(Working toward) affective transfer in the real world

Tessa M. Ditonto, Richard R. Lau

Research output: Chapter in Book/Report/Conference proceedingChapter


Lodge and Taber’s John Q. Public (JPQ) model of voter decision-making posits that political behavior is primarily the result of automatic, unconscious cognitive processes such as affect transfer, or the idea that implicit affective primes can transfer positive or negative feelings to a target of thought. Evidence for affect transfer comes from experiments conducted in highly controlled laboratory settings and with very particular protocols. This chapter examines whether affect transfer also occurs in less rigid experimental contexts. In particular, we are interested in whether evaluations of fictitious political candidates are influenced by the presentation of subliminal affective primes under several different conditions: 1) when they are presented outside of the lab (and conducted on the personal computers of MTurk workers), 2) when they are presented without the rigid protocol followed by Lodge and Taber, and 3) when subjects are exposed to fewer primes over the course of the experiment than in Lodge and Taber’s studies. In sum, we find that under these less rigid conditions, affect transfer does seem to occur more often than we would expect from chance, and more often in some scenarios than others. Specifically, we find that effects seem to be stronger when subjects are exposed to more than one prime per candidate, when images are used as primes (rather than words), and when candidates are evaluated individually and immediately following exposure to the primes.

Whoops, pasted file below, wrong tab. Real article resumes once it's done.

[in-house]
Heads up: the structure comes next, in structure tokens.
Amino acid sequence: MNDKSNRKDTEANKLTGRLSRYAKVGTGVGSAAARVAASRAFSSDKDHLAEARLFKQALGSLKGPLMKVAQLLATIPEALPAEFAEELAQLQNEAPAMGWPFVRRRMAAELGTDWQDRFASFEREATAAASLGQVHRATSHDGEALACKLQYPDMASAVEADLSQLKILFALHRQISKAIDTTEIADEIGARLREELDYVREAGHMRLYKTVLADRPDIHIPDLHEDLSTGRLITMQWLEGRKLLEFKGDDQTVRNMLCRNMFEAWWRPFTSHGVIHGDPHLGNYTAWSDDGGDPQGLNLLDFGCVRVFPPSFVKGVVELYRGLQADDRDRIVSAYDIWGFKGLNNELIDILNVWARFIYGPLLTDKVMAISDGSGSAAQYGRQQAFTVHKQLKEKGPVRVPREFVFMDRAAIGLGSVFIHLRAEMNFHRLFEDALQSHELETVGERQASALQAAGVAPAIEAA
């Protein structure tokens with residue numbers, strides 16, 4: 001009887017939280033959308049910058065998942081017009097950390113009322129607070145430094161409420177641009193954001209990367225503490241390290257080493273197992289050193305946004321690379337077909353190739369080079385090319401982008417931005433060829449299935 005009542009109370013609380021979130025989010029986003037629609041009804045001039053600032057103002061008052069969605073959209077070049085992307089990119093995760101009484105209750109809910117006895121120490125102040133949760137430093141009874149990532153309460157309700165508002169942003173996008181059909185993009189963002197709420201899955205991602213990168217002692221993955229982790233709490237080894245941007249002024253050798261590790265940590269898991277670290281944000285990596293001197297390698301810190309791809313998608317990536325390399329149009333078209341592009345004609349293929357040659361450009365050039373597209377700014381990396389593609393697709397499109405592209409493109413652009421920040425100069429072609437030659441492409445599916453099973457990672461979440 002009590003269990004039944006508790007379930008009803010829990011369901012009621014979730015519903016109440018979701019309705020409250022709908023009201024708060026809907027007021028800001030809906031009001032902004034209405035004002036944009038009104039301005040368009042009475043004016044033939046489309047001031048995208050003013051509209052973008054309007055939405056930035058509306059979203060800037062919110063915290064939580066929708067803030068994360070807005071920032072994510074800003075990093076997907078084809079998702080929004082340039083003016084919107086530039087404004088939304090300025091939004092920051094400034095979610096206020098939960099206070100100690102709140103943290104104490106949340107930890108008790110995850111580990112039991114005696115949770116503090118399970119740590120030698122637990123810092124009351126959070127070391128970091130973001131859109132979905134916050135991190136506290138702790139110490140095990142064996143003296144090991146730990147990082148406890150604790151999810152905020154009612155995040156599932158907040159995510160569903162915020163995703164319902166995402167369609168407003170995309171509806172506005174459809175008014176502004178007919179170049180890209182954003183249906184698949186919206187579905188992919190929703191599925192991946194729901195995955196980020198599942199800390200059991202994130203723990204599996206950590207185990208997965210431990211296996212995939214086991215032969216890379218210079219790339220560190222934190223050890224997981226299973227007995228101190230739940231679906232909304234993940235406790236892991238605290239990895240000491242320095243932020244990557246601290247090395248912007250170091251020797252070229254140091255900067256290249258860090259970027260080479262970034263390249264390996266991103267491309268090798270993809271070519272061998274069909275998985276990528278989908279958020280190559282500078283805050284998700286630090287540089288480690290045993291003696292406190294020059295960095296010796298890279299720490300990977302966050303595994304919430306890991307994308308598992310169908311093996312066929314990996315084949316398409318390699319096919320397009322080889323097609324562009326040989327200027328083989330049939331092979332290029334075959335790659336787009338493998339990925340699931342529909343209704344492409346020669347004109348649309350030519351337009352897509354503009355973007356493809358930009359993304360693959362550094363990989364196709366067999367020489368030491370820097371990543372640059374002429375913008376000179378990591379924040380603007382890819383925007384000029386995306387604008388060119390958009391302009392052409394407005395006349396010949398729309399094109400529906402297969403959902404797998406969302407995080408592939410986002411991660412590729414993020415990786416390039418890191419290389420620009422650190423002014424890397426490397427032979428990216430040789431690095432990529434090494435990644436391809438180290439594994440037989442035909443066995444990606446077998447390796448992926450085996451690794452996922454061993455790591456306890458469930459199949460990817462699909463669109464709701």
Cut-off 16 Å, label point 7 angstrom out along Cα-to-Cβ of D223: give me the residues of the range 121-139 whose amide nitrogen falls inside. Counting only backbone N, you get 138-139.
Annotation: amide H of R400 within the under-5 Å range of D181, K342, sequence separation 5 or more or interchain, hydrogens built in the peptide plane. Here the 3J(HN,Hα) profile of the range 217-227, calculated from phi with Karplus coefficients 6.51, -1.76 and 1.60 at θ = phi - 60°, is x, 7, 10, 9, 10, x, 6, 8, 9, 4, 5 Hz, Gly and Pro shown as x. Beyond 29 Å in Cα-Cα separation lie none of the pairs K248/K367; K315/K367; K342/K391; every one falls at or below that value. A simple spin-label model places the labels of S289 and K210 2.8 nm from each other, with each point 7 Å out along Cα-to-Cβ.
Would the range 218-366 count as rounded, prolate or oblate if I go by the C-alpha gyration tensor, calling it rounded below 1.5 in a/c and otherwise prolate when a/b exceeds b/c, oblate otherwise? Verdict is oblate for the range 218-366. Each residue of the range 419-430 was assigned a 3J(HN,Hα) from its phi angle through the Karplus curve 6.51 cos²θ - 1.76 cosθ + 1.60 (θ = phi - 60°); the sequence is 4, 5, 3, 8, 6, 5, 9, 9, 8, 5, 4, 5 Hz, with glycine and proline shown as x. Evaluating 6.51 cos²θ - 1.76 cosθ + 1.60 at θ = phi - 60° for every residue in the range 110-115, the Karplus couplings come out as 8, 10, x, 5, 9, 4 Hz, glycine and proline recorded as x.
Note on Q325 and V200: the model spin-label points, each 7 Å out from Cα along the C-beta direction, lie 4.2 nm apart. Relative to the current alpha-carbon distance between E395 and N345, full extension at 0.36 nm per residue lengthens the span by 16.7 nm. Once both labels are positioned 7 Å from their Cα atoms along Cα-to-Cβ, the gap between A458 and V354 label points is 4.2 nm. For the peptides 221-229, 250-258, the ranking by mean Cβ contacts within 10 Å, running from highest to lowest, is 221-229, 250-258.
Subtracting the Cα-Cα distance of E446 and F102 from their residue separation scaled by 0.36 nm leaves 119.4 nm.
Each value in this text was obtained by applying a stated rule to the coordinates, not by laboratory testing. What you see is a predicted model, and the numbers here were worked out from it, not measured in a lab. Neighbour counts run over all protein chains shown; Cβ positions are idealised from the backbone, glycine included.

Original languageEnglish (US)
Title of host publicationThe Feeling, Thinking Citizen
Subtitle of host publicationEssays in Honor of Milton Lodge
PublisherTaylor and Francis
Number of pages23
ISBN (Electronic)9781351215930
ISBN (Print)9780815379393
StatePublished - Jan 1 2018

All Science Journal Classification (ASJC) codes

  • Social Sciences(all)
  • Psychology(all)


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